Six in 10 listed firms post lower operating profit or loss

By Kim Da-sol
  • Published : Jun 6, 2019 - 15:54
  • Updated : Jun 6, 2019 - 15:54

Listed companies in South Korea managed to record an higher operating profit overall, but in fact, 60 percent of them saw a decline or even marked losses, data showed Thursday.

An analysis by market researcher Korea CXO Institute showed that the combined operating profit of 1,000 listed firms came in at 111.5 trillion won ($94.4 billion won) last year. The figure was up 4.2 percent from 2017 and 53.1 percent from 2016.

Of them, however, 597 companies recorded a lower operating profit or loss, meaning the overall performance was narrowly led by a handful of firms. A total of 164 companies recorded an operating loss -- 46 companies or about 39 percent more compared to 2017.

Also, companies in the so-called “1 trillion won club” -- in terms of annual operating profit -- continued to decrease, the institute said. 

Based on the annual performance, 15 listed companies were part of the club in 2016, but the number decreased to 14 in 2016 and 11 last year.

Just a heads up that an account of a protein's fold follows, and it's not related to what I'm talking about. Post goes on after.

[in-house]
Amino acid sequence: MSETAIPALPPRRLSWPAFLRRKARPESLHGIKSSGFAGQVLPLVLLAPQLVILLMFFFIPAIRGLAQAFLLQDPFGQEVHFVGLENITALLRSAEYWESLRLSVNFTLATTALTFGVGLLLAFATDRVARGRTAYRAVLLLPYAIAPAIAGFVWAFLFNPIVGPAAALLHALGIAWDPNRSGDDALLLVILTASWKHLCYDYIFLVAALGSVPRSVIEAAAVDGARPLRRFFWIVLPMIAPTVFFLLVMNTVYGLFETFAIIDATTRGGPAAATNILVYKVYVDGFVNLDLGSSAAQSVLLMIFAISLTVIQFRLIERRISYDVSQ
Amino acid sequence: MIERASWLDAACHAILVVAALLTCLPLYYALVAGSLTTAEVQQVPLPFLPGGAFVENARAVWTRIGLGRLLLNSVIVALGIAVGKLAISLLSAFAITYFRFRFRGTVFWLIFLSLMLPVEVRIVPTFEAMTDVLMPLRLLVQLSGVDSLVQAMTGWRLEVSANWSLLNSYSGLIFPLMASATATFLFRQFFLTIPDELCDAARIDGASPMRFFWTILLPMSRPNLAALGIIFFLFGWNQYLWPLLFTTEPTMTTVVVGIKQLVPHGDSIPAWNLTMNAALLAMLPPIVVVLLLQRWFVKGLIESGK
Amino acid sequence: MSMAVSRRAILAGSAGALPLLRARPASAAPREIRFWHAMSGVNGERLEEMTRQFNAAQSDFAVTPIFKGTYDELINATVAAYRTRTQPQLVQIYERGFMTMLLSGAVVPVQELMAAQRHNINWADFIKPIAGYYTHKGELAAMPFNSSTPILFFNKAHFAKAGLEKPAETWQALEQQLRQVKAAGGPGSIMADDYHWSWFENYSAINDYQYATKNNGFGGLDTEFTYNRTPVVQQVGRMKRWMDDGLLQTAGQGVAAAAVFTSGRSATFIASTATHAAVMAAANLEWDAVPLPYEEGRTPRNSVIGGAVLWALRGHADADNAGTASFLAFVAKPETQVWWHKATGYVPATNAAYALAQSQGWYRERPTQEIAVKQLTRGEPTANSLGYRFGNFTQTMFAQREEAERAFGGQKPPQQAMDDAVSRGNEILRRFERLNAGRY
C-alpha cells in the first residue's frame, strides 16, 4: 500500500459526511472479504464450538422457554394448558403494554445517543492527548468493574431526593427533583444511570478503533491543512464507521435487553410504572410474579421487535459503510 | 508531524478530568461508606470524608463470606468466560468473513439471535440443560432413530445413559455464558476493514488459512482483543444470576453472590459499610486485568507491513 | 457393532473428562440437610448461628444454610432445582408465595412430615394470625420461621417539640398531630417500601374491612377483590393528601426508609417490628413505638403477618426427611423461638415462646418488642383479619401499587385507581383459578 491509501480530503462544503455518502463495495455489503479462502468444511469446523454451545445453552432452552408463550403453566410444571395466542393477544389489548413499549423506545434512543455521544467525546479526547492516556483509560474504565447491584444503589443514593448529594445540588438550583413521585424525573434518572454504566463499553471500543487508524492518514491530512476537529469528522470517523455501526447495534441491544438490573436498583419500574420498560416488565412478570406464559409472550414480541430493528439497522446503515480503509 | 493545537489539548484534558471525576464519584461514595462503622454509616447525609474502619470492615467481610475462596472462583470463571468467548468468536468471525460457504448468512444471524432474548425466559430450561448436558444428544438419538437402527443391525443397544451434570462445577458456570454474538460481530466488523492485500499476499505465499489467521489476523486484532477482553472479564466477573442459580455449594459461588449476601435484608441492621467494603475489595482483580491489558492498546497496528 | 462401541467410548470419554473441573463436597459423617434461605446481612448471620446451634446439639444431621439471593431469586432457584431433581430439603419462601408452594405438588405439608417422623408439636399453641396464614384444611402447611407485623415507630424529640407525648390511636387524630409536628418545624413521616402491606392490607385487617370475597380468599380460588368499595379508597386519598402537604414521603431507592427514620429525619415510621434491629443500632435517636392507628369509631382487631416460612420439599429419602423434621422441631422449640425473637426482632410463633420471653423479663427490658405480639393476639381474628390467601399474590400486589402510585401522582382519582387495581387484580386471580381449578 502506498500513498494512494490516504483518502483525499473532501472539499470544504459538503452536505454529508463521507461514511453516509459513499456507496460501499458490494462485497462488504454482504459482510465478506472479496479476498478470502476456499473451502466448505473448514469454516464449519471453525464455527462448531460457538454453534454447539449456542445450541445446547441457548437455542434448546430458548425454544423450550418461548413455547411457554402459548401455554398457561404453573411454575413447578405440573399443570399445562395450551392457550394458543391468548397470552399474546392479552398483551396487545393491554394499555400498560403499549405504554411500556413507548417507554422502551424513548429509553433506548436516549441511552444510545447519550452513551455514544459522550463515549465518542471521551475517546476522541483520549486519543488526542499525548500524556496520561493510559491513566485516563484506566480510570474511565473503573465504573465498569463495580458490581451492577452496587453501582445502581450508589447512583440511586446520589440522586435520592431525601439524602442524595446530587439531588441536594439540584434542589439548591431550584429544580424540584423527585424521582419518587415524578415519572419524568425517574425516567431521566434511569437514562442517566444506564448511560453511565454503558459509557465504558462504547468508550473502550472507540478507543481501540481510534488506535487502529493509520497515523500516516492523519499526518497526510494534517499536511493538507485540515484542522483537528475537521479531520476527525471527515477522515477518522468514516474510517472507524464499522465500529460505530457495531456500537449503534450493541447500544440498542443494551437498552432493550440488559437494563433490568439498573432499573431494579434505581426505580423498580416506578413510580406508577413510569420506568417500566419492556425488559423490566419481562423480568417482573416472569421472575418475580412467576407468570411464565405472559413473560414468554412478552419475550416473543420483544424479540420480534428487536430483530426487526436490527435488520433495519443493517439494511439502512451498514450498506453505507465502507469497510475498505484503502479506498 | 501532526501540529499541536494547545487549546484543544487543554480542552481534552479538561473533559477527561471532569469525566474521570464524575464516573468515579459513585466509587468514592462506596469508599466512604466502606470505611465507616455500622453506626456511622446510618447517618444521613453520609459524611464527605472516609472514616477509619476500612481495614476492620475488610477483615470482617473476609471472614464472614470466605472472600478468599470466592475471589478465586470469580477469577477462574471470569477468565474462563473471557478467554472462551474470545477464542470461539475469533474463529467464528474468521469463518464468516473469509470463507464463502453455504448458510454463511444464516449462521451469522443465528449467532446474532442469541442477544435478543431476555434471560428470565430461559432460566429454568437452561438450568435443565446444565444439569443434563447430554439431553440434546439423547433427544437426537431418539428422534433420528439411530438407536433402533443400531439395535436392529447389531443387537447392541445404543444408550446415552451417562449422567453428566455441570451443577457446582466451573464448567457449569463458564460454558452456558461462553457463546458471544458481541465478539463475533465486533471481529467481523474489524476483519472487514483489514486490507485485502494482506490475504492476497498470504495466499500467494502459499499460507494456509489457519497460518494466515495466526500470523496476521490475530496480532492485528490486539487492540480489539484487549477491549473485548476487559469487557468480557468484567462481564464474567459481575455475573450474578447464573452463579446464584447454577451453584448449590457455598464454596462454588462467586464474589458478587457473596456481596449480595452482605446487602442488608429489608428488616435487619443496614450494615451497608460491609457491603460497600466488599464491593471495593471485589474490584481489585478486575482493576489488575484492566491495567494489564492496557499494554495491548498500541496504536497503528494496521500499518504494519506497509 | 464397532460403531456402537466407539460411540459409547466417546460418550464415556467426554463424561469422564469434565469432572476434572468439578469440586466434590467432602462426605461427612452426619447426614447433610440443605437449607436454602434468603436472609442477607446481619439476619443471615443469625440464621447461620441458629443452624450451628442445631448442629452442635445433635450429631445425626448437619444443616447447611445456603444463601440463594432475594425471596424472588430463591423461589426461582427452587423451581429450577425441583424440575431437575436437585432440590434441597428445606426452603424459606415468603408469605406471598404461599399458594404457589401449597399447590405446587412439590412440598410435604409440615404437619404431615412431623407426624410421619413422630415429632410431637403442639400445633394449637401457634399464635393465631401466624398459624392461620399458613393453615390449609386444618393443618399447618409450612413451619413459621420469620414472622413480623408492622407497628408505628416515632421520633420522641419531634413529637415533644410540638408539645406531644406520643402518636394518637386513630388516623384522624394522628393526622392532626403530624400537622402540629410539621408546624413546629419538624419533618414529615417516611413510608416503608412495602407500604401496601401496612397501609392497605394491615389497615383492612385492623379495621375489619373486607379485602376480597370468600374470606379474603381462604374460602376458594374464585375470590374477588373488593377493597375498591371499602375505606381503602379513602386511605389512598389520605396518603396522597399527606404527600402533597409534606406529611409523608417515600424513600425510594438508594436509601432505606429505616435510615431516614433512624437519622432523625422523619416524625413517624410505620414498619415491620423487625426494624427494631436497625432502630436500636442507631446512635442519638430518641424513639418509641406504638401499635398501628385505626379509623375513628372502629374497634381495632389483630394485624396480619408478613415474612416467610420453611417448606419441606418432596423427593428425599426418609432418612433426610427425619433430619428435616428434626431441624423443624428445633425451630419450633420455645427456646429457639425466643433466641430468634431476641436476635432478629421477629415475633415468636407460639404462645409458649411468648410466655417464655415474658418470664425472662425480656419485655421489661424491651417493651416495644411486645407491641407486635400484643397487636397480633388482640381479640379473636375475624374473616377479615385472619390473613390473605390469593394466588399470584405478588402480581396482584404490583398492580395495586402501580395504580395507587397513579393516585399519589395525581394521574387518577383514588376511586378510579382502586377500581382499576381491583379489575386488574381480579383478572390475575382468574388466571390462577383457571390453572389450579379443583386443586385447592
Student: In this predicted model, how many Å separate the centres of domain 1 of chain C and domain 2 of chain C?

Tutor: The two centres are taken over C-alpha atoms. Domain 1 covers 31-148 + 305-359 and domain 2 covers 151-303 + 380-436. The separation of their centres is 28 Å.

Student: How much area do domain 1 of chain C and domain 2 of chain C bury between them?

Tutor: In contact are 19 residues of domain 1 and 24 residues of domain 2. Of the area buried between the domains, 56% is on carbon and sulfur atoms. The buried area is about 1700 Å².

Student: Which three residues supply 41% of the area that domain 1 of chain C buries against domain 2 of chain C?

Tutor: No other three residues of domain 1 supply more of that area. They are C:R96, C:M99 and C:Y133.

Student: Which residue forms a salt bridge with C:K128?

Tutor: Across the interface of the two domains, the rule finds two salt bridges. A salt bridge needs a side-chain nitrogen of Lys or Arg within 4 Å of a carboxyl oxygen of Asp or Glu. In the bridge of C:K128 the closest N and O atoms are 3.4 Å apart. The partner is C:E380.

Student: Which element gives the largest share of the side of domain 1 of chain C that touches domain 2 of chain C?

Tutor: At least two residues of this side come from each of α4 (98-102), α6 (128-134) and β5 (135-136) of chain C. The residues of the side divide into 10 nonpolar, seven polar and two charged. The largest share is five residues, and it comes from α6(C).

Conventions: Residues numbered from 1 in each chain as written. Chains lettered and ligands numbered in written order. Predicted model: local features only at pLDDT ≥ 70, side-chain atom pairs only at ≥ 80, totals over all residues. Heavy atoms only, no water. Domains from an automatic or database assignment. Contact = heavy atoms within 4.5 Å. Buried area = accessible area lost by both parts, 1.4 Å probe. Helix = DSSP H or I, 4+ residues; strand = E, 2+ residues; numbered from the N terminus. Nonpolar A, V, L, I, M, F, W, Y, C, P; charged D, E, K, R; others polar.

Meanwhile, Samsung Electronics accounted for 39.2 percent of the entire operating profit of listed firms last year, up from 32.6 percent in 2017 and 18.7 percent in 2016. 

Samsung Electronics (Yonhap)

“When you look at the overall operating profit of these firms, it may look like their performance has improved. But in fact, the number of companies that are in the black or with less surplus from the previous year outnumbers those with higher operating profit by 200,” the institute pointed out.

On a brighter note, there were 42 companies that saw their operating profit grow by 30 percent or more for two consecutive years. Of them five, including SK hynix, even saw their revenue grow by 30 percent or more.

“Influenced by the weakened semiconductor market this year, there is a possibility that the number of companies with improving annual performance will continue to reduce,” said the institute. 

The memory chip industry has been driving the otherwise weakening Korean economy, accounting for more than 21 percent of entire exports.

By Kim Da-sol (